Review: ZTE Warp Sync for Boost Mobile
The Warp Sync comes with the expected set of Google Play apps for music, movies, books, and magazines. I didn't run into any trouble when testing them. Naturally, YouTube is on board.
ZTE added stand-alone music and video apps on the Warp Sync, which I appreciate. They're best utilized for playing side-loaded content on memory cards. Each has an easy-to-grasp user interface with clean functionality. Boost didn't cram any of its own branded music/video apps on the Warp Sync.
Music sounds good through headphones thanks to software from Dolby. You have to mess with the settings to dial in the right sound, but once you do it's quite good. Movies and TV shows looked good on the 720p screen.
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ZTE installed its camera app on the Warp Sync rather than use the (awful) stock one from Google. Using the lock screen shortcut is the fastest way to launch the camera. It's a shame there's no dedicated button.
The camera software offers two strips of controls — down the left and right sides — though there's still plenty of room on the screen for the viewfinder. The shutter controls are on the right, where there are separate buttons for still and video capture.
The different shooting modes and scenes — of which there are 18 — can be dialed in below the shutter buttons. The Warp Sync offers auto, normal, HDR, panorama, best shot, manual, smile, group, clear, blink detect, interval, macro, portrait, night portrait, sport, sunset, landscape, and low light shooting modes.
Best shot takes a 10-shot burst of photos and lets you pick the best one. “Photo clear” mode lets you erase objects in the background. Smile capture automatically fires the shutter when the camera senses the subject is smiling. Group shot mode takes a handful of shots and lets you combine the best series of faces into a single image. The interval mode allows you to take a short time-lapse of 6 pictures over 30 seconds, 12 pictures over 60 seconds, or 18 pictures over 90 seconds. I found each of the modes worked as expected.
Last, the settings allow you to adjust the brightness, white balance, color effects, timer, and so on. The phone does let you adjust the flash and even apply some filters from the main screen, which I appreciate.
In all, the tools work well. The camera was generally quick and didn't exhibit too much bugginess.
The Warp Sync has an 8-megapixel camera. Exposure, focus, and white balance are generally accurate. Whites tended to blow out at times, and focus went rather soft more often than I liked. I saw lots of grain when shooting indoors, and the flash doesn't help mitigate that at all. As is typically the case, you'll get the best results on sunny days, though you may have to adjust white balance. The Warp Sync does a decent enough job that most people should be able to get away with leaving their cameras at home for all but the most important events.
The Warp Sync can take video up to 720p full HD resolution. The video results were better than those of the still camera. Focus and exposure were most consistently matched, and white balance was generally spot on. As with the still camera, you can get away with using the Warp Sync for everyday needs, but I'd step up to dedicated video gear if you want the best quality.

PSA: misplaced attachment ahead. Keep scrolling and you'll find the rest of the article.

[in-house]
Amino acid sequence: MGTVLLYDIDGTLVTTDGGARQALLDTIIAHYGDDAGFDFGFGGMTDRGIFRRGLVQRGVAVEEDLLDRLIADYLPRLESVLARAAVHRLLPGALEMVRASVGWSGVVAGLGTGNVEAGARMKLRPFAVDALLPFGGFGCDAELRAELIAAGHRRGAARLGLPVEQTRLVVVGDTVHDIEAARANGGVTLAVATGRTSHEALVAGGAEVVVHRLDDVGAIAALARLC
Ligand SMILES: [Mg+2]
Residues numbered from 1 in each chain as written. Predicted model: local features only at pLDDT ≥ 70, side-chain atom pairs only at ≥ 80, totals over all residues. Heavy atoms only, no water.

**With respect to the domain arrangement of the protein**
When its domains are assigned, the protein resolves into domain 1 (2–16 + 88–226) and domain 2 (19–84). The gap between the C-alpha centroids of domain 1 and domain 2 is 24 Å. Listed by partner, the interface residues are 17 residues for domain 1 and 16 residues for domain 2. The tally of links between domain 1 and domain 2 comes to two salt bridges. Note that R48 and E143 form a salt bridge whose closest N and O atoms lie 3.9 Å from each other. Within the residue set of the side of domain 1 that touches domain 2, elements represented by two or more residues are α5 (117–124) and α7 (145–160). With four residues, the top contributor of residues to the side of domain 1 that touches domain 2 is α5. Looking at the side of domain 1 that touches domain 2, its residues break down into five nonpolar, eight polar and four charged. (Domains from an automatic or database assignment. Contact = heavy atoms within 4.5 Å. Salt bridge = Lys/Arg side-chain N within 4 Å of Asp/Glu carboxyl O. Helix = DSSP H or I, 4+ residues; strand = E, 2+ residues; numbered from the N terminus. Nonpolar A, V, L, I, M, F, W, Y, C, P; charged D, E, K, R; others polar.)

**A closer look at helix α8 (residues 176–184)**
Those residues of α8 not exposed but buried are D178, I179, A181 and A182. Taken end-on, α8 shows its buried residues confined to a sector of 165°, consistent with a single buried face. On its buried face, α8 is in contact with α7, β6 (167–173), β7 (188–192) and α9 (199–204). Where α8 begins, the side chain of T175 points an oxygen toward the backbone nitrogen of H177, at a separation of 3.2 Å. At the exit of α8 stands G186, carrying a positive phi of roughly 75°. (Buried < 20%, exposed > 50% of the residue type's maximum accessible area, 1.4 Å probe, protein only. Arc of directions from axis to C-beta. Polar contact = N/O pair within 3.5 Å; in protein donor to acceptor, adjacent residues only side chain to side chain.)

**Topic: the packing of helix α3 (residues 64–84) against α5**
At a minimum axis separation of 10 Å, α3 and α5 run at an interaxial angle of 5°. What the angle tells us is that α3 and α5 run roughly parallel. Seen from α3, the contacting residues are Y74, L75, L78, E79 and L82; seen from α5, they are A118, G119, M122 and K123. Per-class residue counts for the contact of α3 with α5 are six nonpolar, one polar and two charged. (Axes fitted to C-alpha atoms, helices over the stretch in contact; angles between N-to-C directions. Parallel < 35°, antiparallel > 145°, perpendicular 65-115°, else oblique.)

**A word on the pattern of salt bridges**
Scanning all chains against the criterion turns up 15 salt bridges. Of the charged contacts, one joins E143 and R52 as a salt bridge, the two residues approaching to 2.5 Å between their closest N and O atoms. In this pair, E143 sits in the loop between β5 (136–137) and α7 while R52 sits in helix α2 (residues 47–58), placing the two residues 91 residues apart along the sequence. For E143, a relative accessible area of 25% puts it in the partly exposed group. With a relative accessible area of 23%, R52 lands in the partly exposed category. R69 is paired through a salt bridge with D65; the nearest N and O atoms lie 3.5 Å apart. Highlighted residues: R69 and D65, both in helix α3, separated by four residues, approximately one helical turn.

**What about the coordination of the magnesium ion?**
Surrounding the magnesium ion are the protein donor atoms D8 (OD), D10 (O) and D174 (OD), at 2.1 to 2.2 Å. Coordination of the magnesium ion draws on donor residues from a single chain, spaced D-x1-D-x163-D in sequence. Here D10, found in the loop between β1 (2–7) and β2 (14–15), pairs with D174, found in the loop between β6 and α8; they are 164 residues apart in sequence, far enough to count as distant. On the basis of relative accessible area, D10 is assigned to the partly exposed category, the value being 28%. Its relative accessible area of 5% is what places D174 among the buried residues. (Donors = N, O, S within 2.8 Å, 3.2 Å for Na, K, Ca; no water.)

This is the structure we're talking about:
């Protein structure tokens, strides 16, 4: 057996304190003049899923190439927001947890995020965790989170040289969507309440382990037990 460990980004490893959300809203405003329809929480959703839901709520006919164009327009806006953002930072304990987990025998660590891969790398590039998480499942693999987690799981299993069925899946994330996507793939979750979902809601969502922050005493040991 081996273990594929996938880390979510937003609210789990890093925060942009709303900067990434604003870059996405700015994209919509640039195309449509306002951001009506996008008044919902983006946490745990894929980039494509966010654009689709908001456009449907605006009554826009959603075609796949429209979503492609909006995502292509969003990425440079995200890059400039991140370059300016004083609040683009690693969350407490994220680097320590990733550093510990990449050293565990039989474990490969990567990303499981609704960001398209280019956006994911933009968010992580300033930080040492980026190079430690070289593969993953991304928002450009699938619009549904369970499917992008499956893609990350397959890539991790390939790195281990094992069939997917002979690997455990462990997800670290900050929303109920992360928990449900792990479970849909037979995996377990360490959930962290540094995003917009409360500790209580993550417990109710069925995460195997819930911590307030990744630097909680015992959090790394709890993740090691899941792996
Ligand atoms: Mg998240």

The Warp Sync has both a ZTE-made gallery and the Google Photos app. The ZTE gallery app is quite attractive and easy to use. Drop-down menus help you sort quickly between albums, locations, times, tags, and your entire library of images. Editing functions are robust and offer basic such as crop and rotate, as well as more advanced tools such as artistic effects, borders, filters, and so on.
The Photos app from Google includes automatic image backups to Google+, and its own set of good editing tools. Sharing via social networks is a breeze. Both apps functioned well on the Warp Sync.
Bloatware was kept to a minimum, which is welcome news. Non-Google apps are few, but include options such as Kingsoft Office, TouchPal X, and Mobile iD. Everything else is stock Android.
The Warp Sync's Bluetooth radio worked quite well. It paired with PCs, headphones, and wearables with no problem. Call quality though my car's hands-free system was below average, with background noise posing the biggest issue. Music routed to my favorite Bluetooth speaker sounded decent, but not the best I've heard since the Warp Sync doesn't support the high-quality aptX profile.
ZTE and Boost included Chrome and the generic Android browser on the Warp Sync. Browsing over Sprint's 3G network was not the best experience, but LTE speeds helped a lot when available. The browsers each handle web sites without issue. I prefer the features of Chrome to the generic browser, but that's just me.
Like most Android phones, the Warp Sync has a white digital clock that appears at the top of the lock screen. It's visible under most conditions and there were few instances when I couldn't read it due to glare. I wish there were more options for the lock screen.
Google Maps is the only location service preinstalled. It interacted with the Warp Sync's GPS radio just fine. The phone found me quickly and accurately, but wasn't great at real-time navigation thanks to a combination of network and processor sluggishness.
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